Independent since 1960, Mali is a republic. With the entry into force of the Constitution, approved by referendum in 1992, the country has given itself democratic institutions, trying to get out of a long political crisis due to the succession of two dictatorships. The President of the Republic is elected by direct suffrage for 5 years; legislative activity is carried out by the National Assembly, which is also elected by direct suffrage every 5 years. The judicial system is based on French law and local customs. Justice is administered, in its highest degree, by the Supreme Court, based in Bamako and divided into two sections: the first competent in civil and criminal matters, while the second competent in administrative matters. Subsequently we find a Court of Appeal always based in Bamako and two courts of first instance. In the judicial system of Mali, the figure of the justice of the peace is important, but he has limited competences only for civil trials. The death penalty is in effect, but executions have not taken place since 1980. The armed forces are divided into the three traditional weapons. Although the country has no access to the sea, there is a small navy contingent operating on the Niger River. The paramilitary forces are in charge of internal security. Military service is carried out on a selective basis and lasts for 2 years. Starting in the 1980s and throughout the following decade, an intense educational program was implemented, but in 2006 the illiteracy rate was still extremely high (73.8%). Primary education is free, begins at the age of 7 and lasts for 6 years. According to andyeducation, secondary education also lasts 6 years and is divided into two cycles of 3 years each. There are numerous institutes that provide technical or professional education; there is a university in Bamako.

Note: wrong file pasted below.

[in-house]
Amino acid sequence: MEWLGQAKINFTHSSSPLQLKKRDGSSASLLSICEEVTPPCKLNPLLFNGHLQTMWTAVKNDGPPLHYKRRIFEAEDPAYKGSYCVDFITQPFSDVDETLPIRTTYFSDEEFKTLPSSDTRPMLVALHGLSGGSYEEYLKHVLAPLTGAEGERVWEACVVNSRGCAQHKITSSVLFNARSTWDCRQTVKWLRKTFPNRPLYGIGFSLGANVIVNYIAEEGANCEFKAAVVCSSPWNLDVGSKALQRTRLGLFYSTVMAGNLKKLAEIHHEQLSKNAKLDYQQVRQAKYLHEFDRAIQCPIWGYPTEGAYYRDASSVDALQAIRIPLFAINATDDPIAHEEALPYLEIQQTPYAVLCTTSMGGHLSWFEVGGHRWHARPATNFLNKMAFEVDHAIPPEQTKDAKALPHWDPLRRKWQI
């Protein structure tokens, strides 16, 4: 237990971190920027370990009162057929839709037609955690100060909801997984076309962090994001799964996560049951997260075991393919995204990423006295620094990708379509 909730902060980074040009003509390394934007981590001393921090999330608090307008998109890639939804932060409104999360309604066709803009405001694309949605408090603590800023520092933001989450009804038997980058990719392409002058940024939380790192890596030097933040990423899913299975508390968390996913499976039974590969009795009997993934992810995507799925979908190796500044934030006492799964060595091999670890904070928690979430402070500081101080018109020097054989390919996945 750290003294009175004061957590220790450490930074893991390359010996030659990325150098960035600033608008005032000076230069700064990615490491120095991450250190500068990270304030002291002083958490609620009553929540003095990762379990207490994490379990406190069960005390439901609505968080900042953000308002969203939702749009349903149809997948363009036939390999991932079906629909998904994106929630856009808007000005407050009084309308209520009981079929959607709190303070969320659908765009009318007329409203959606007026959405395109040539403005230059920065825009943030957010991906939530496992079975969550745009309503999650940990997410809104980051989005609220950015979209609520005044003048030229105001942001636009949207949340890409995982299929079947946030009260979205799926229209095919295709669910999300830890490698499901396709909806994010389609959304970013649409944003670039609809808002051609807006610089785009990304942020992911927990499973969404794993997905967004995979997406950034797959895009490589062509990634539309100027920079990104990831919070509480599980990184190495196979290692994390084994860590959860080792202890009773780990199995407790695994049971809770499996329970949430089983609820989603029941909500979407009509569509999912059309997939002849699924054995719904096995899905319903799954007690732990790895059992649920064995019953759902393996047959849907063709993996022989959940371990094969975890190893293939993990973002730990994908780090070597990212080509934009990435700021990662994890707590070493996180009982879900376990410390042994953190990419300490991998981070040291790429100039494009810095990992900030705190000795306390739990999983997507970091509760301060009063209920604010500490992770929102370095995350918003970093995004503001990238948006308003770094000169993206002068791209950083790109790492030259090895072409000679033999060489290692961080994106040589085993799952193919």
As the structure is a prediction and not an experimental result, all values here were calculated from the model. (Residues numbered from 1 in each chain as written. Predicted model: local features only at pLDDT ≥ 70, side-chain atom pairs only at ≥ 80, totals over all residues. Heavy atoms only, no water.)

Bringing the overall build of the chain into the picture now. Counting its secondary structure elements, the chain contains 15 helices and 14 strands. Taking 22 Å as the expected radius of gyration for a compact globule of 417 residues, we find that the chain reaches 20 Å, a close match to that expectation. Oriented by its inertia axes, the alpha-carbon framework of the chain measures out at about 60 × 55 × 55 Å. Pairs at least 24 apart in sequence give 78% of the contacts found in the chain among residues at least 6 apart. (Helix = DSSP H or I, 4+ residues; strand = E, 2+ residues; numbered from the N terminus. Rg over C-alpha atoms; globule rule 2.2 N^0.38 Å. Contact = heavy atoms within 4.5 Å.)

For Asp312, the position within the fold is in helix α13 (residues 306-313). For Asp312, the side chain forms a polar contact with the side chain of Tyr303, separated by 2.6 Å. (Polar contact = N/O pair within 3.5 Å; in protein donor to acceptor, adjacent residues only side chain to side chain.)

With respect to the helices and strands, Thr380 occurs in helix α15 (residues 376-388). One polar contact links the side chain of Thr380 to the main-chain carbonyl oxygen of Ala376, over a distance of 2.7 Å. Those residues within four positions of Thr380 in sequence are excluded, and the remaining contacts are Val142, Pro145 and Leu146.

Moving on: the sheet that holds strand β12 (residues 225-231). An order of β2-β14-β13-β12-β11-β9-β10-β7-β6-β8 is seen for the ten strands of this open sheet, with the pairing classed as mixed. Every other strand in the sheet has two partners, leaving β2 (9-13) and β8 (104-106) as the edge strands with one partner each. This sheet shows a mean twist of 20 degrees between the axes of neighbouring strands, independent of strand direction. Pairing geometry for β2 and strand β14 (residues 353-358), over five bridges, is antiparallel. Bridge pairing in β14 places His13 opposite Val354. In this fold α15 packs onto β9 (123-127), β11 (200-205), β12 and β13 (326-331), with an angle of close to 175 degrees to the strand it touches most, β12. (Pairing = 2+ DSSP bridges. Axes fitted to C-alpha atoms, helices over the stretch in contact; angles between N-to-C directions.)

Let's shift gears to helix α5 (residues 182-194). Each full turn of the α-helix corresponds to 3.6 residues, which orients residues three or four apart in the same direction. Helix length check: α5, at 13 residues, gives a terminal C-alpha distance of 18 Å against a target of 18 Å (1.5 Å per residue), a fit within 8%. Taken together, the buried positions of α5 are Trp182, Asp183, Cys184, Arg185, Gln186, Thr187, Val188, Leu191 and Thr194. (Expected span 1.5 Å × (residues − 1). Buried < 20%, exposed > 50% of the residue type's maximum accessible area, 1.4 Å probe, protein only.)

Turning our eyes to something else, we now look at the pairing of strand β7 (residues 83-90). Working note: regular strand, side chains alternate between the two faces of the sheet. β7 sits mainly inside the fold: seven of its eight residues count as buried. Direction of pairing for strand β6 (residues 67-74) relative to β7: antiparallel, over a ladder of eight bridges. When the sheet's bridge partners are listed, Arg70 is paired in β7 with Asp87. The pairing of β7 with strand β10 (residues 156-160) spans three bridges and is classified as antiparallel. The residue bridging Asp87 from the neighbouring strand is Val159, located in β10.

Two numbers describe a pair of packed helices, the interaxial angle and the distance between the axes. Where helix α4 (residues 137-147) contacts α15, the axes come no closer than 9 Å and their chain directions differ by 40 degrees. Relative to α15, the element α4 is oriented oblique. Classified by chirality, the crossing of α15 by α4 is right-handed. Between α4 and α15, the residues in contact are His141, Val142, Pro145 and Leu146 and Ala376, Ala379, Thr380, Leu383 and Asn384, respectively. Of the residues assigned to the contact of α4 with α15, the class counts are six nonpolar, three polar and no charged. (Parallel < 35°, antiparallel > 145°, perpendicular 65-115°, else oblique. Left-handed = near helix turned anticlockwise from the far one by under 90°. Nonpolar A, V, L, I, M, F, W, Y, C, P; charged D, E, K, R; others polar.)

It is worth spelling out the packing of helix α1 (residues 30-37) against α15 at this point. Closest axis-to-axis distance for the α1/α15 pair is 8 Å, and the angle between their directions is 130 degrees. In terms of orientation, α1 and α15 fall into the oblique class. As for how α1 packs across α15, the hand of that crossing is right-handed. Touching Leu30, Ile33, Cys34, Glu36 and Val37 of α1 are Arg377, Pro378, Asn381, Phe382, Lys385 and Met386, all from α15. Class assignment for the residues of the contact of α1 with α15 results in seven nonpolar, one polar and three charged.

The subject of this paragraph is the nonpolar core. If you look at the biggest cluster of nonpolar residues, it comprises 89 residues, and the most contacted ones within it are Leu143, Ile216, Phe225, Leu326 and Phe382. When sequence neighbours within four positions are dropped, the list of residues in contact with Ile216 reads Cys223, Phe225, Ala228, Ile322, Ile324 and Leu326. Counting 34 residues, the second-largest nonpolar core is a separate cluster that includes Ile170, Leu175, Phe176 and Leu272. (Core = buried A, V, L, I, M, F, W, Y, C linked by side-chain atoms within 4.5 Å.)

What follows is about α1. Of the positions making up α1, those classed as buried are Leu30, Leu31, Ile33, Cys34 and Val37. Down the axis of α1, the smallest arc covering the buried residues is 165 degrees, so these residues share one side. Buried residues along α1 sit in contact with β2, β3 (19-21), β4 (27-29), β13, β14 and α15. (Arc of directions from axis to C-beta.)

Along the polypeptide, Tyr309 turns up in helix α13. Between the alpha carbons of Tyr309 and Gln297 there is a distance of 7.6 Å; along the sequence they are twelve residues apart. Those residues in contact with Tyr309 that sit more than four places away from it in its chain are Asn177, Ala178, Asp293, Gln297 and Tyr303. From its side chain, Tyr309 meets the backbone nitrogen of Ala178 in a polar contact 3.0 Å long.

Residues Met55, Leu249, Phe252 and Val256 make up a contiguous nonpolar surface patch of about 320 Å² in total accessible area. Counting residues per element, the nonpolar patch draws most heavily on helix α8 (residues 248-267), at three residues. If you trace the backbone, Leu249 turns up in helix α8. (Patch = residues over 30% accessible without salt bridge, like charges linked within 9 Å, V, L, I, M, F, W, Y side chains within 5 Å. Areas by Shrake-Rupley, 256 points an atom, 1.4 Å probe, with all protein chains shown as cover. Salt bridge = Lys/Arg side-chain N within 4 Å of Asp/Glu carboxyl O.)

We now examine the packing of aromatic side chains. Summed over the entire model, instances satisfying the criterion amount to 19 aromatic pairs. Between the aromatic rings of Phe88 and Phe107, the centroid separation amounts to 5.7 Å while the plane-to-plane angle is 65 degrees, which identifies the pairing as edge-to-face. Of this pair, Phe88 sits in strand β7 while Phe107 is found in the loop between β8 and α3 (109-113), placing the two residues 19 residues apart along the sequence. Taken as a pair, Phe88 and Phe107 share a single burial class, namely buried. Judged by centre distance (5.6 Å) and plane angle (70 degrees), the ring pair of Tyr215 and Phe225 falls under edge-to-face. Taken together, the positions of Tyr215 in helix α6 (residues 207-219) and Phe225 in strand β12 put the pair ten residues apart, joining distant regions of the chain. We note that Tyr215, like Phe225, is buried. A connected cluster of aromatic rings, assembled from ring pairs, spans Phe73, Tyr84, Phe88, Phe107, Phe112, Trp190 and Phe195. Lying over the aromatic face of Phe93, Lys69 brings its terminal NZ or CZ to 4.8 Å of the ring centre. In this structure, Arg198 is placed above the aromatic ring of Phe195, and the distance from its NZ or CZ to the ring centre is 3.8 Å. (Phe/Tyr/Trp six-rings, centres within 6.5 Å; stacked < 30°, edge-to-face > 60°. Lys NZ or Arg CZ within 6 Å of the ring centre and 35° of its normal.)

Territorially Mali extends between the first reliefs of Guinean Africa and the massifs of the central Sahara. In the intermediate section it includes wide plains and a characteristic depression area, the one that attracted the course of the Niger, giving rise to the wide internal delta of the river. This is the historical region of the country and the most characteristic: the Massina. It was formed, structurally, by subsidence, that is, by phenomena of crustal subsidence characteristic of the African mass, and was then gradually filled by the floods of Niger and its major tributary, the Bani. In the central section of the country, located at an altitude of less than 350 m, the recent and Pleistocene alluvial covers predominate, forming a flat and expansive plain although in some cases there are outcrops of rocks, ancient Inselberge that emerge from the floods also in the same delta. The rock formations that make up the northern and southern sections of the country, averaging 400-800 m high, are varied. They are mainly sedimentary and date back to the Paleozoic, Mesozoic and Cenozoic, eras in which the African territory was submerged in various times by the sea, an epicontinental sea that in the Cenozoic was an immense lake. The sedimentary covers obliterate the archaeozoic substratum, a rigid plateau of crystalline and schistose rocks that emerges both to the N, in the Adrar des Ifôghas massif, both to the S, on the reliefs that continue the Guinean ones. In the same areas there are granite formations, intrusive, and effusive formations connected to the crustal perturbations that occurred with the birth of the internal depression. In relation to this constitution, the Malian territory presents a certain variety of forms linked to geology, even if structurally poor in articulations. The South is a single large slope with a slight slope broken by rocky escarpments and by the valleys of the Niger and its tributaries. The central area, the vast plain built by the river, is rich in the elements of the fluvial morphology; has a fossil delta and a live delta, which during the rains is regularly flooded by floods from Niger: it is an amphibious environment, made changeable by the formation of unstable sandy islands, to which the wind power supply from the Sahara contributes. The delta is bordered to the N by the first Saharan plateaus, carved by Niger finding an outlet towards the E and then towards the S, and giving rise to the large and characteristic loop, the boucle, which makes it a river with a singular course. After Tombouctou (Timbuktu), Niger flows between rocky banks, along which the desert wind accumulates sand dunes. The northern Saharan section of the country is dominated by the Adrar des Ifôghas, which does not exceed 1000 m in height, and by other reliefs and hamadas that border sandy surfaces; valleys that represent the course of ancient Saharan rivers mark the whole region, flowing into Niger, to which, however, they no longer give any water tribute. The southern and southwestern sectors of the country belong hydrographically to the Niger and Senegal basins; both are characterized by rocky escarpments that interrupt the flow of rivers.